Holly Wales is certainly one of the most talented illustrator’s that I’ve come across. Based in the UK and harbouring a great eye for colourful and playful pieces, we caught up with Holly before her appearance at Semi-Permanent in Portland. LAEM: You talk about your work as controlled chaos. What does this mean to you? H: I am always thinking in terms of processes of one thing spilling into the next and causing surprises to happen on purpose. I then exploit the results.
LAEM: Your work is super colourful. Where do you think you got your eye for colour and what types of things inspire your vivid work?
H:I grew up in the 80s – everything was colourful and I definitely got through my share of Global Hypercolour heat-sensitive t shirts. Seriously though, I don’t know if this has happened as a result of working so much or not, but I break down everything I look at into individual colours, and see the bits separately. Colour helps me to understand a thing I’m looking at. I guess I see different colours in the same way you might read spaces between words, like punctuation of some kind. I also love the process of working, the raw materials, the way you can turn one thing into another – the colours of these raw materials have a real purity about them. There is an idea about endless possibilities attached to this.
LAEM: What got you into drawing, more specifically with felt-tip?
H: Being an illustrator (like many things) and making a living out of it, or doing it full time or whatever comes down a lot to confidence, determination and belief. That confidence has to be in your relationship with your materials as much as it is in you as an individual. But it’s a slow thing; it grows over time. It wasn’t like I woke up one day and knew I was going to be great with pens. I ended up using them because I had no money and there were always hundreds of packets of them in the £1 shops in East London. As I did more and more drawings and started to carve a living, I bought better and better quality pens. I now use double ended brush markers with transparent pens to blend them like watercolours on smooth papers.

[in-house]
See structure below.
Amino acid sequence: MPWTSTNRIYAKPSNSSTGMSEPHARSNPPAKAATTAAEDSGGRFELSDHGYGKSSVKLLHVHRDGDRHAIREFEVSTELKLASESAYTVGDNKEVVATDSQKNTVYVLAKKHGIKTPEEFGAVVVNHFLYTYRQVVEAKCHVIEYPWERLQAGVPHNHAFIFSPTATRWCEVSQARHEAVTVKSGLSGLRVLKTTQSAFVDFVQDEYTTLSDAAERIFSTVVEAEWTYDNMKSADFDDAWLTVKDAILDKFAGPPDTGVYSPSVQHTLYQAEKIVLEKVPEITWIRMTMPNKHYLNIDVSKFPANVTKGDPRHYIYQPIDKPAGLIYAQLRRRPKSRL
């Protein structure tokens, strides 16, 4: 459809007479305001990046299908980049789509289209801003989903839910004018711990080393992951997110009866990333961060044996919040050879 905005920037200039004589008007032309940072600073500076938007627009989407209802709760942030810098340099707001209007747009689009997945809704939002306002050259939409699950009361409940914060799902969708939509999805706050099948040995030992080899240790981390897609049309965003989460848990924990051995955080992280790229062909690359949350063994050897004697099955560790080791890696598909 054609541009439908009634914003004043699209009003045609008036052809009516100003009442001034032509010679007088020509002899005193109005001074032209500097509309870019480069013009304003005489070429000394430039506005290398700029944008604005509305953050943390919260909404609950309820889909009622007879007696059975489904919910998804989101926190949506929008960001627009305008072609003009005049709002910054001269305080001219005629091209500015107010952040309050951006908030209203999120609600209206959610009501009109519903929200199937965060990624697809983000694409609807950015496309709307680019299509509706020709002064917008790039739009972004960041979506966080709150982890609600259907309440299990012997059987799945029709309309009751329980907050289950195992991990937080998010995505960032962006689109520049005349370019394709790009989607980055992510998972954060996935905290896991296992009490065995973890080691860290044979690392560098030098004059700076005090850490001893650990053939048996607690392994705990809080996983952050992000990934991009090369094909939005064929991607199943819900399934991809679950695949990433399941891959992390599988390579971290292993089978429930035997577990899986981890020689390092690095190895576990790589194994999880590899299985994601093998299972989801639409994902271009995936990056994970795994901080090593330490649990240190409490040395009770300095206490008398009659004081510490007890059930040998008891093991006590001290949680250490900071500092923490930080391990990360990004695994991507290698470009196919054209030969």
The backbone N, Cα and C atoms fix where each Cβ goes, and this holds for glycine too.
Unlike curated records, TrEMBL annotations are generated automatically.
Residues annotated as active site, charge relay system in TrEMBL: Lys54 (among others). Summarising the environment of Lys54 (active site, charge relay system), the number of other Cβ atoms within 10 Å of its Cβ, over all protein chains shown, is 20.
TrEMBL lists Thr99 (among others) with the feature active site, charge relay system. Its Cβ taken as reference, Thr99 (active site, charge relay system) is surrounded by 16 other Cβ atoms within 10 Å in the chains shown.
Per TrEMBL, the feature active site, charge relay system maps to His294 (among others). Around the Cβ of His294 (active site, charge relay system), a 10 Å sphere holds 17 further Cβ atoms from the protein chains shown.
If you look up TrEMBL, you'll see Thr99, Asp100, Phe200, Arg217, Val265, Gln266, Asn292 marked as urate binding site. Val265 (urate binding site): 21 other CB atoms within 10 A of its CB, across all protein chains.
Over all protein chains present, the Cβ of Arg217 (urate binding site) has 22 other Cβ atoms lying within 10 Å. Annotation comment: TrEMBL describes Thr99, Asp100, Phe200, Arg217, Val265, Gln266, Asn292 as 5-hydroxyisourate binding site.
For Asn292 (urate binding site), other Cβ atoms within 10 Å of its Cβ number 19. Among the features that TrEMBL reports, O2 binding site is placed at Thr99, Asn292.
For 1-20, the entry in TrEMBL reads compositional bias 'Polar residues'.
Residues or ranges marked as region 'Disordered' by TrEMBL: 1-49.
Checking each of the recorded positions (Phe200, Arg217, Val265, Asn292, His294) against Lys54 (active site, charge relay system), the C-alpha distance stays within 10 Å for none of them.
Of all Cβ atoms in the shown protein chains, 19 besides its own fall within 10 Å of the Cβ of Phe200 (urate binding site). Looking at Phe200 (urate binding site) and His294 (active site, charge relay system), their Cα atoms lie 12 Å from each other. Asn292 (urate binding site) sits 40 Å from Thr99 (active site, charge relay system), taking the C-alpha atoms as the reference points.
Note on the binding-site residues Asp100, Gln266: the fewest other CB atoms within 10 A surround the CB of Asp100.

LAEM: What made you want to get involved with Semi Permanent and speak at the Portland event?
H: I think I’d just celebrated my 18th birthday when the first Semi Permanent conference opened in Sydney. I was studying for a degree in Graphic Design and I was already really into the web. I’d been making websites for about three years and was following the likes of Joshua Davis, Praystation, Prate, and portals like K10K, Design is Kinky and Pixelsurgeon. Googling these now, I realise how old I must be because some don’t even show up.
LAEM: You encourage ‘thinking through making’. Is this how you think and do you have any other advice for aspiring artists?
H: At some point (probably through advertising, an industry that has hijacked the word ‘creativity’ and divided roles up into ‘people who have the ideas’ and ‘people who do the ideas’), we started believing that ideas were somehow detached from making stuff. It also got us thinking that the ideas had to come first and was somehow superior to practical skill. This is all absolutely wrong and crazy. I learn best when my hands and eyes are operating together and reflecting on what I’m doing as I go. Get messy. Don’t theorise too much in advance: do it after or you’ll kill the vibe. The skill is in having just enough of a plan to get the thing started, then embracing chance and surprise along the way.
For more information on the event check out Semi-Permanent.